Reply
  • 3. Christine  |  April 28, 2008 at 7:56 pm

    I am already dying for some of your home-grown honey! And maybe some of those lavender cookies…

    What are ground cherries? I am intrigued.

    Reply
  • 4. Caroline  |  April 29, 2008 at 8:23 am

    It sounds like you’ve got the perfect combination there! I expect a lot of your tea plants will be attractive to honeybees. Mint, monarda and lemon balm would work pretty well, I would think, and the bees seem to like the agastache I’m growing. I have a mint-like chartreuse one with purple flowers which is pretty enough, but I’ve actually had strangers wander into my garden to check out my Agastache mexicana with its fine silver-gray foliage and red spires! If I ever move, its coming with me!

    PS How do you harvest your ground cherries? Any tips on their cultivation? I hardly got enough for a pie out of the four or five I grew last year!

    PPS Lavender cookie recipe, please!

    Reply
  • 5. gintoino  |  April 29, 2008 at 10:03 am

    Yes, the recipe is very similar to the one I remember (I don’t think mine had any cinnamon on it).

    Reply
  • 6. Caroline  |  April 29, 2008 at 12:28 pm

    Oops! The recipe is right there! Thanks!

    Reply
  • 7. Sue  |  April 30, 2008 at 2:58 pm

    I’ve been a voyeur of your blog for a while, now stepping out from behind the curtain, lured by your move into the garden world. I’m a Weaver’s Way member, farm aficionado and enthusiastic gardener. I grow perennials (have offered Dave some for the farm), cutting garden and veggies, all in a higgledy-piggledy way that tends to work but is more whimsy than organization. Recently found a Rodale Press book on companion planting that validates my style quite happily, so I am content to resist my husband’s contention that beans will not thrive unless in soldierly rows!

    Thank you for entertaining me and luring me into new efforts. Garlic mustard I have, and I’ll be adding it to our salads of more intentional crops, starting tonight! Happy gardening, and I hope to meet you at the farm one of these days. Sue

    Reply
  • 8. rachel  |  May 1, 2008 at 3:39 pm

    Your post, esp the title, inspired me to go out and get the packs of seeds I had banded together with the note “late April” in the ground today, May 1st. Had already put in cabbage, onion, spinach, sugar snap peas, and radishes. All of them are coming up (thanks to the weekly rains we’ve been having I’m sure.) Today’s plantings were 2 kinds of lettuce, beets, carrots, and leeks. There are some new things in there I haven’t tried….we’ll see. I’ve started tomatoes and peppers inside and the tomatoes are about 3 inches high and starting their first set of “real” leaves, beyond the first two. However, they’re falling over. Any tips? I thought about maybe putting a drinking straw down over them and pressing it into the soil as support, but then that would cover their stems from getting light….?? The stems are very thin right now. Happy Gardening!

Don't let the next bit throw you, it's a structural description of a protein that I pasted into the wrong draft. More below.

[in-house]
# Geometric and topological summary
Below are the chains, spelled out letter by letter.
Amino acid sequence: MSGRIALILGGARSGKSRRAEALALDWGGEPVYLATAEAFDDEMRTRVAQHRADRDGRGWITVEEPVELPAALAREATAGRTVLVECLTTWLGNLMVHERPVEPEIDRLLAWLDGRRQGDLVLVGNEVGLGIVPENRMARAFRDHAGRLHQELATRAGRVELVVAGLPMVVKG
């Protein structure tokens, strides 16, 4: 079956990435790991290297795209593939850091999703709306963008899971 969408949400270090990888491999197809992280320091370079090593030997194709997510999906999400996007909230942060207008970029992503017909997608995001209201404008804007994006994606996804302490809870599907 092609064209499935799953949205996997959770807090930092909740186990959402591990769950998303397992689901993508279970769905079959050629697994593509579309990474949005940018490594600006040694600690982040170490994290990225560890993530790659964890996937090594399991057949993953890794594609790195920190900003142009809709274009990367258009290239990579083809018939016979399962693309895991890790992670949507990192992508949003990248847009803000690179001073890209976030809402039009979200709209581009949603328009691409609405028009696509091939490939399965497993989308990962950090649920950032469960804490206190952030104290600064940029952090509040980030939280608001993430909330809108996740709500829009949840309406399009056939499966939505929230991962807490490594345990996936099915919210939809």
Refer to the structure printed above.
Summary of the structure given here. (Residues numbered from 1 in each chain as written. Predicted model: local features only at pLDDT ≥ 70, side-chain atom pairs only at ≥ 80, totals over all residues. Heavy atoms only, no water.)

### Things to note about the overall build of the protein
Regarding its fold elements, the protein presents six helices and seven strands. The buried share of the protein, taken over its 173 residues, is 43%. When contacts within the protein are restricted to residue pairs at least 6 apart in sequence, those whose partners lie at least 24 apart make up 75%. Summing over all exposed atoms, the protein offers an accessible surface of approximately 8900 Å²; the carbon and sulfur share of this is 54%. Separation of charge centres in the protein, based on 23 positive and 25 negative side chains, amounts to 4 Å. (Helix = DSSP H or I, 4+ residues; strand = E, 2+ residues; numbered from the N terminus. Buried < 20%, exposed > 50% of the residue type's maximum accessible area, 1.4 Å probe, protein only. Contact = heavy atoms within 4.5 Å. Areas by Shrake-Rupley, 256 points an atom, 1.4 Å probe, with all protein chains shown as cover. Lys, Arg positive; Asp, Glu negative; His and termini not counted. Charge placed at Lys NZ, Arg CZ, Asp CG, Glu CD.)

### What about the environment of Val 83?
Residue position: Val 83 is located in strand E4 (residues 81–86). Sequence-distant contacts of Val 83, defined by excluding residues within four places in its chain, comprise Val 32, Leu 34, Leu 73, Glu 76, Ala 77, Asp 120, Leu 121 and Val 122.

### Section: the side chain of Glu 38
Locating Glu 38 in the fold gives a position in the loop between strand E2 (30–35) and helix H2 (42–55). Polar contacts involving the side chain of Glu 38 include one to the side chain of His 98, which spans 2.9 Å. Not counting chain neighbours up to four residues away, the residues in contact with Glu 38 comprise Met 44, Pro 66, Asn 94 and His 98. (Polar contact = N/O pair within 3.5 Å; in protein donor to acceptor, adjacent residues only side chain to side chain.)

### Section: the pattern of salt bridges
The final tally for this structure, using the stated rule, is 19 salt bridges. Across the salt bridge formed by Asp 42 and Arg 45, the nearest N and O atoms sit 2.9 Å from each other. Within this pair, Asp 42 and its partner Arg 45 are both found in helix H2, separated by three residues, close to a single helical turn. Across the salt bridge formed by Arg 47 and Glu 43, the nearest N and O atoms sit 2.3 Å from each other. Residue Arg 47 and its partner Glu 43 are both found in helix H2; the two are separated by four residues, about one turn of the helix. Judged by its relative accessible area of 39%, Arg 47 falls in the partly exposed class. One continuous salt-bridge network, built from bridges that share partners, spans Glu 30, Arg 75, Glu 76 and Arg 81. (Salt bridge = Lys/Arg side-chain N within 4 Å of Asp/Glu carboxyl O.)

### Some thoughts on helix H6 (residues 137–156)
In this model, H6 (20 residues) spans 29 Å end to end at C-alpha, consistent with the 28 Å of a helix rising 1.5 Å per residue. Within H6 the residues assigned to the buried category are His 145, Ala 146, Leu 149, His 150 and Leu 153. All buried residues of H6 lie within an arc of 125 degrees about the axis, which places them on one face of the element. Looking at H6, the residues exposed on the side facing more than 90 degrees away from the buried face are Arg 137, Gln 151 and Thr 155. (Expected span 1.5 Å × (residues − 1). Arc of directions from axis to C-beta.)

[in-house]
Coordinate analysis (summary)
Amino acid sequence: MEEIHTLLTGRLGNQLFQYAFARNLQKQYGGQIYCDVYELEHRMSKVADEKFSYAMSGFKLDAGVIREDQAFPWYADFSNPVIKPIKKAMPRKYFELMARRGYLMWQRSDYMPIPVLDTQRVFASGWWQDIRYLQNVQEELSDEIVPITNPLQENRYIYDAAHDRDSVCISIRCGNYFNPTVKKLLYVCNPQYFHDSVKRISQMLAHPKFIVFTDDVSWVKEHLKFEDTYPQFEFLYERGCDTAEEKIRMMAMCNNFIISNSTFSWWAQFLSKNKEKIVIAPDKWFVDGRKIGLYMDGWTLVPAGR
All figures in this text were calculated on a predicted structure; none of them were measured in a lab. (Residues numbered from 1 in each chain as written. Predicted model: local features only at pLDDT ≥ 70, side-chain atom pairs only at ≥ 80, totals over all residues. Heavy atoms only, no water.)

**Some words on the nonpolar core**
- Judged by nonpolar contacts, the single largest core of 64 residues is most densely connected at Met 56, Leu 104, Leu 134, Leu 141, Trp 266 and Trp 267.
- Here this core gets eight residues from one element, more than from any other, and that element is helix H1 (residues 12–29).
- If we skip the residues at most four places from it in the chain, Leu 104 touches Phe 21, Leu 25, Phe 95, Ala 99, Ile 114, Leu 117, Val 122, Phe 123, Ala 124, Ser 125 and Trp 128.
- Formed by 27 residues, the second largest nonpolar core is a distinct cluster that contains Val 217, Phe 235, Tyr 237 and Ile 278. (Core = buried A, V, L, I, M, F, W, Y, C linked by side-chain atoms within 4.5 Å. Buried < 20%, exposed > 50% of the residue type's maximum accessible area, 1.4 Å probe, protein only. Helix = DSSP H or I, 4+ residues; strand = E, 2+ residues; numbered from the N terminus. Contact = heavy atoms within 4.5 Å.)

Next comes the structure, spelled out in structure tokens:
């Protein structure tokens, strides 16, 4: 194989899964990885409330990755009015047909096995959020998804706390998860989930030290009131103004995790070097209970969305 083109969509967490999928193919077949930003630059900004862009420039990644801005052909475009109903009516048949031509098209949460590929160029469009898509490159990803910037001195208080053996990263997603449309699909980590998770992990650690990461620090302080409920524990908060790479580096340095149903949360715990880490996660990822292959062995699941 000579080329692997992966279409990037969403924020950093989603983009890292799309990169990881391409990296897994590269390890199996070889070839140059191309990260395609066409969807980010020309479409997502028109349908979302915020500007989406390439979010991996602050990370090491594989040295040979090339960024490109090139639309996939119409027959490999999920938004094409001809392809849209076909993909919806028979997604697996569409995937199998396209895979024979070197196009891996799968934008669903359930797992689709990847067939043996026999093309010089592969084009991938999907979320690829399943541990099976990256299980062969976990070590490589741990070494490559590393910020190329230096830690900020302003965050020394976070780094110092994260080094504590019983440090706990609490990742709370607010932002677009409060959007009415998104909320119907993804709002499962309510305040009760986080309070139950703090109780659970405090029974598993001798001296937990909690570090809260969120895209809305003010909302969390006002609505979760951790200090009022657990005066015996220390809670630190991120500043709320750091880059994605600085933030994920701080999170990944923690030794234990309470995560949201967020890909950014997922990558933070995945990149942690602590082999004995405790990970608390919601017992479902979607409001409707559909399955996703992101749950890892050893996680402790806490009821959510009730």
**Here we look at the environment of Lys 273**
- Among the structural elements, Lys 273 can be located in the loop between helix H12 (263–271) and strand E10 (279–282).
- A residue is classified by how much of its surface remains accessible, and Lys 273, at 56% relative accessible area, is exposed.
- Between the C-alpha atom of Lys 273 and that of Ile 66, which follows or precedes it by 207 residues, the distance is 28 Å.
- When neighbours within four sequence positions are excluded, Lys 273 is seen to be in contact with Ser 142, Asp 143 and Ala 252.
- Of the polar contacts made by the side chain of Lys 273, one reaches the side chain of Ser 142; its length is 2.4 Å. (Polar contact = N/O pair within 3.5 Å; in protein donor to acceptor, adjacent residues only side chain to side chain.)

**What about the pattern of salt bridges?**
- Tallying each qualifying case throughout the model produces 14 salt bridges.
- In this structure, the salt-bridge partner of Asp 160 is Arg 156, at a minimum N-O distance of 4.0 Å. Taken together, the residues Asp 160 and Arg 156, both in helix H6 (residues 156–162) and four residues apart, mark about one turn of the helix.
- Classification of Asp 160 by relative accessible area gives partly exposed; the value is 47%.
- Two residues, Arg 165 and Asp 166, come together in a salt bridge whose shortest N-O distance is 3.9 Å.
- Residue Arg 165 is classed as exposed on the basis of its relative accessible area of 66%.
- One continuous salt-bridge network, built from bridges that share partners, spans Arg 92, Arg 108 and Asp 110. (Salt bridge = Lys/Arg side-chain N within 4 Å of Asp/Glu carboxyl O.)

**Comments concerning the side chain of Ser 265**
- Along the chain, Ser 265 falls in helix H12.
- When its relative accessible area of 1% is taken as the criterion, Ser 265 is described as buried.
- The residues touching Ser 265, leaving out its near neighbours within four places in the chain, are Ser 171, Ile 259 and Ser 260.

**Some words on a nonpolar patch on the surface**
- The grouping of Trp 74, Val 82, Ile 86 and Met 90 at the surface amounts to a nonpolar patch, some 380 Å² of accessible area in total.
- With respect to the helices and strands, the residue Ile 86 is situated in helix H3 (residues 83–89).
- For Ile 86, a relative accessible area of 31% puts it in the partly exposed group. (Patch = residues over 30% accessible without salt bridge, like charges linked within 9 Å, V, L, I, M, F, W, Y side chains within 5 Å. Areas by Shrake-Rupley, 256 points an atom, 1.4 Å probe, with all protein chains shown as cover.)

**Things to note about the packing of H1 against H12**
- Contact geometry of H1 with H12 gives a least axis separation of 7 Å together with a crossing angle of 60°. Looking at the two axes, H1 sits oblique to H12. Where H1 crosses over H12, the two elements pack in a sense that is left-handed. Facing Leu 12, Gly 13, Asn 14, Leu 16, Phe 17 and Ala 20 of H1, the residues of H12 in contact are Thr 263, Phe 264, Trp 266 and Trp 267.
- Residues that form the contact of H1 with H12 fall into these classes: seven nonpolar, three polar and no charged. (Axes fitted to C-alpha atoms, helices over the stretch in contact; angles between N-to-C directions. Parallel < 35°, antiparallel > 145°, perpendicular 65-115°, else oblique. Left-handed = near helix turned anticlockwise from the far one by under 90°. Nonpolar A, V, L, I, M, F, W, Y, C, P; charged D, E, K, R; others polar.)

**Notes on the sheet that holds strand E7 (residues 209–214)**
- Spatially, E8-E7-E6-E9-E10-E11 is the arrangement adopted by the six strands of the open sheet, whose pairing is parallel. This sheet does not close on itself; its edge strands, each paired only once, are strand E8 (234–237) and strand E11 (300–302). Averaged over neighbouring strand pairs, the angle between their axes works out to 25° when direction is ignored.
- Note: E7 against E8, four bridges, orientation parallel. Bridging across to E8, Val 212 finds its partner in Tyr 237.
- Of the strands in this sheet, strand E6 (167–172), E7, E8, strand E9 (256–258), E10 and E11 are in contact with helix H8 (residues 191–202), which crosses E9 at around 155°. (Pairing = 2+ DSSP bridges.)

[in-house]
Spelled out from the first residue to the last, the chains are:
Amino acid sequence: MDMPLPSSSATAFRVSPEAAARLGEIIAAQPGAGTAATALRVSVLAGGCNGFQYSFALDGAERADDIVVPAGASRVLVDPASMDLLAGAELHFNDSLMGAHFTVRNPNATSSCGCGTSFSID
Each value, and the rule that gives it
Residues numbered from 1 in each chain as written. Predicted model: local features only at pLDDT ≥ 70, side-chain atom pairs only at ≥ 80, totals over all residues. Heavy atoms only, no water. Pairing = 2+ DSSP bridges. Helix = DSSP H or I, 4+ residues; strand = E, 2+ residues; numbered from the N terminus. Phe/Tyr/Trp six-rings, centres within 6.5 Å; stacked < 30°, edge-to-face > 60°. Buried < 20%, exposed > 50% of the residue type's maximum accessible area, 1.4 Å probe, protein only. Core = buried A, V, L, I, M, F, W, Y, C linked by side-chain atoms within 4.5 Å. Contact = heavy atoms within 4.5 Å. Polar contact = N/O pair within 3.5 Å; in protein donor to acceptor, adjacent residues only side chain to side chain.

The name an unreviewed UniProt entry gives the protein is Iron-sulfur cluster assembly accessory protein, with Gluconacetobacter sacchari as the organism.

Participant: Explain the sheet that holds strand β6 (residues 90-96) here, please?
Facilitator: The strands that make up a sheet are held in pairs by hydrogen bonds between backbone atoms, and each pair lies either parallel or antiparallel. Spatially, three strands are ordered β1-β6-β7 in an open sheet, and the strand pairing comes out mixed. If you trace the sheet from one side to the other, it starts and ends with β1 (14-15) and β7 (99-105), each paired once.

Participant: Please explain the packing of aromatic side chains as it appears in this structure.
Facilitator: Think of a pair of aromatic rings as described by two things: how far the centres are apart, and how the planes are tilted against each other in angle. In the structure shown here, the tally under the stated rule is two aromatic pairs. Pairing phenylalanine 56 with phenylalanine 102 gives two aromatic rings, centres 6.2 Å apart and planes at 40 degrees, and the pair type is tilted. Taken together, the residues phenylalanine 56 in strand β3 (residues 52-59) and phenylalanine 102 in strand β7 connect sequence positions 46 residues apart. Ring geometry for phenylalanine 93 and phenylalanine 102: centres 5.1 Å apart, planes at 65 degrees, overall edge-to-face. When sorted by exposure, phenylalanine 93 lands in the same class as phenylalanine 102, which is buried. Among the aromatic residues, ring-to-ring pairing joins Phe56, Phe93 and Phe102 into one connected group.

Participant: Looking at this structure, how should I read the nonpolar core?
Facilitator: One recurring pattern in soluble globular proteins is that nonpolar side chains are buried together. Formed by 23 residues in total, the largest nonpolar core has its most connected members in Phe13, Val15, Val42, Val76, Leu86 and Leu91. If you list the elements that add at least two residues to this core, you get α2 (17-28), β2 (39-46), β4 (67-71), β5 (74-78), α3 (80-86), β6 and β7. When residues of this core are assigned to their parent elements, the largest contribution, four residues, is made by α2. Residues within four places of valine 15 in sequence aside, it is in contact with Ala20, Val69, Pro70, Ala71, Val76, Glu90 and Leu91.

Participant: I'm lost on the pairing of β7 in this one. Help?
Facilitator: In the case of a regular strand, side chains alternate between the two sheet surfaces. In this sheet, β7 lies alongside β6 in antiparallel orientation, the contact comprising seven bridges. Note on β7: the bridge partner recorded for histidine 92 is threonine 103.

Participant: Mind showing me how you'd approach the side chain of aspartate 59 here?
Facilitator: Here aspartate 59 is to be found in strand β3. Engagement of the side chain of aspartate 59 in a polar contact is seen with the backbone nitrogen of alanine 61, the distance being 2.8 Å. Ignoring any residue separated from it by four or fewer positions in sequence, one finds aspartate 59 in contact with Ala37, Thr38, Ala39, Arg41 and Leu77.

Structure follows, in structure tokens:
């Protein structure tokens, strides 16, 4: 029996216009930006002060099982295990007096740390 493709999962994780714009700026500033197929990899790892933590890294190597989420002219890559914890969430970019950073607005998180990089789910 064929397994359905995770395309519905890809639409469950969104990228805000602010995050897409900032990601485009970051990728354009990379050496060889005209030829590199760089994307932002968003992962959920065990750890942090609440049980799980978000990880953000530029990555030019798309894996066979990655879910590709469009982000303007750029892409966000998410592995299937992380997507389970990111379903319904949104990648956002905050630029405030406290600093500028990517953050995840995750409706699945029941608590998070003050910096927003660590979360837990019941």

Reply
  • 9. Sue  |  May 2, 2008 at 2:20 pm

    Rachel, I grow my own tomatoes babies – it’s so rewarding to have the unusual kinds you can grow if you do it yourself – and over the years have learned that two things make a big difference in their fortitude. I feed them with dilute fish emulsion and spray it on before I feel comfortable watering with it, and I put an oscillating fan on low with lights (both on timer for @ 10 hrs/day.) That may be more profligate with electricity than they need, but they surely do grow strong with this treatment. Hope this helps. P.S. Be sure they are very, very close to the lights if you are using artificial light… that’s key, too.

    Reply
  • 10. Food Farmer  |  May 2, 2008 at 5:31 pm

    That is nice that you planted a garden. We live on a small farm in MN we have about a half-acre garden. It is a lot of work, but we have a big family to help. We also planted 90 fruit trees (apple, apricot, plum, and cherries) just recently. I hope we did not get over our head. We also have honey bees I do not know where you are located in, but where we live it is hard to winter over our bees. I lost two hives last winter. I only had two hives. I think we needed more nectar flowers. The year before that we had buckwheat (grain). That seemed to work good. We did have a few acres of buckwheat though. I do not think that a little amount of flowers would make much of a difference. I plan to try again this year.

    Reply
  • 11. Madeleine Lee  |  March 18, 2009 at 5:08 pm

    Hi,

    I am looking for Rosemary Sprig to infused into our Tea Seed Oil, Do you have Rosemary Sprigs?? (Dried)

    Reply